A change to the Strata Property Regulation will support strata corporations in enforcing short-term rental bylaws, helping strata corporations address issues that can arise from short-term rentals, while keeping long-term rentals in the market, the Province announced on Wednesday.
“We’ve all heard the stories of renters losing their homes when units are pulled out of the rental market to be used as short-term rentals. With this change, we can ensure there is long-term rental stock for people and families who need them,” said Selina Robinson, Minister of Municipal Affairs and Housing. “As part of our 30-point plan to improve housing affordability in B.C., we are supporting strata corporations to both deal with the noise and security issues that can sometimes come with short-term rentals, and also preserve rentals for the long term.”
Currently, strata corporations can pass bylaws that restrict or ban short-term rentals, and fine owners or residents who are not complying. Maximum fines of $200 per week will be raised to up to $1,000 a day, to discourage unwanted short-term rental activity.
Short-term rentals have put significant pressure on vacancy rates, rents and home prices for people around British Columbia. Short-term rentals can also sometimes mean unacceptable levels of noise, damage to common property, and security issues in strata communities.
“The new regulations will help define short-term commercial use as a different function than rentals, and provides some very real consequences for the violators,” said Tony Gioventu, Executive Director, Condominium Home Owners Association of B.C. “For those strata corporations who prohibit short-term use, this is a valuable amendment. It will require strata corporations to amend their bylaws at a general meeting to permit the higher penalties, which in turn will provide the strata with a great opportunity to make sure the strata’s bylaw complies with provincial legislation.”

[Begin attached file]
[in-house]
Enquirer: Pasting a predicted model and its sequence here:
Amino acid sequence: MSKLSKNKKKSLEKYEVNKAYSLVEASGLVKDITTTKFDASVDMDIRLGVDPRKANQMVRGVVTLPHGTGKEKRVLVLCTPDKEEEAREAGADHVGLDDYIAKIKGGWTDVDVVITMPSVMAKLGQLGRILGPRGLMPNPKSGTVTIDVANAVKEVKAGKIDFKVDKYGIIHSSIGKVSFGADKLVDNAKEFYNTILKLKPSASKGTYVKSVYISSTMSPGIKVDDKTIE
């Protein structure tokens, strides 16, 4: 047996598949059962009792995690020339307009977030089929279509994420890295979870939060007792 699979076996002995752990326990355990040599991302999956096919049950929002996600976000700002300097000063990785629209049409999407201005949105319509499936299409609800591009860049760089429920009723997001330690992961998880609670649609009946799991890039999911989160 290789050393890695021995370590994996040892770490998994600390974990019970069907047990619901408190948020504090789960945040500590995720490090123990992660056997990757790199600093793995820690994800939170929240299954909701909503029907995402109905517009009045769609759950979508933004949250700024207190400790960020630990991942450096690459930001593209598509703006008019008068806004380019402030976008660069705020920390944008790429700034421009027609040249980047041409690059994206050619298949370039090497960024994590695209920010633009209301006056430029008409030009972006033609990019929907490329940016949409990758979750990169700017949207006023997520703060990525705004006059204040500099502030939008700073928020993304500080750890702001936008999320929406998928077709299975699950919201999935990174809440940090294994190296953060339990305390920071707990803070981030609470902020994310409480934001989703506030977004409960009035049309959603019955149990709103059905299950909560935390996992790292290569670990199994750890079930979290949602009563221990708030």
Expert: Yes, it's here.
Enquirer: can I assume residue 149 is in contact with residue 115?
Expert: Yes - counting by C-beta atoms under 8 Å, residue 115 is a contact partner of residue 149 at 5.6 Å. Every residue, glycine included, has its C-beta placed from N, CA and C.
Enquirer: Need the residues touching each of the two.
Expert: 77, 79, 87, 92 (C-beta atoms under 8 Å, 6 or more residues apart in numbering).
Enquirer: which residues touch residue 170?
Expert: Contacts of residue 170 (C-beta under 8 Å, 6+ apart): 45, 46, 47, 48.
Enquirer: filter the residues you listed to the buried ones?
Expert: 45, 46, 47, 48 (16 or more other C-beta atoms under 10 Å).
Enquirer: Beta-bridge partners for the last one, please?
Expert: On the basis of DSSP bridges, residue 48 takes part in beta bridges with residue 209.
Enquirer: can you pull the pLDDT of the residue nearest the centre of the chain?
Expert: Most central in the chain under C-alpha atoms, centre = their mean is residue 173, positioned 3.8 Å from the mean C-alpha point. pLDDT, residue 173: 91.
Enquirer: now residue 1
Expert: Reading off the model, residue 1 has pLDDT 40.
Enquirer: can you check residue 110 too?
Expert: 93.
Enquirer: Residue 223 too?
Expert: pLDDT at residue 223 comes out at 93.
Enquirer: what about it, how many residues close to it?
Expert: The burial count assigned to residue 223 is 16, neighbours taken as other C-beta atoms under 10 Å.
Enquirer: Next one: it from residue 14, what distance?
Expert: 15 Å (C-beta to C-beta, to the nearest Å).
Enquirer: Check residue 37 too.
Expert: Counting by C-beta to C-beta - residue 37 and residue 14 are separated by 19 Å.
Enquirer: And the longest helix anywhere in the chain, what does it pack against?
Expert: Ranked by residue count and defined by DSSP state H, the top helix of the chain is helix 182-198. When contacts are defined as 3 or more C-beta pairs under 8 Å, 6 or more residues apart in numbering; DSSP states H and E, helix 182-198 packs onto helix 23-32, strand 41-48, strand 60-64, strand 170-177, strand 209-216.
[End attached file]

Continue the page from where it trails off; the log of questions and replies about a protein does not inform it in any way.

The regulation was developed in consultation with representatives from the two major strata stakeholder associations, the Condominium Home Owners Association of B.C. and the Vancouver Island Strata Owners Association (VISOA).
“Short-term rentals are a huge concern to strata corporations,” said Sandy Wagner, President of the board of directors, VISOA. “The wear and tear on the common property, as well as the security concerns caused by a steady stream of unknown occupants are just a few of the reasons why VISOA, on behalf of our members, are pleased to support the proposed amendments to the Strata Property Regulation, which will permit strata corporations to assess fines at a real deterrent level.”
The change will take effect on November 30 in order to allow short-term rental hosts time to adjust bookings and comply with a strata’s short-term rental bylaws.
* Strata living is a popular choice in B.C., as more than 1.5 million people live in stratas throughout the province.
* Strata housing not only includes apartment-style condominiums, but can also include duplexes, townhouses, fractional vacation properties, or single-family homes in bare-land strata corporations (“strata subdivisions”).
* Budget 2018 launched the most significant investment in housing affordability in B.C. history – more than $7 billion over 10 years.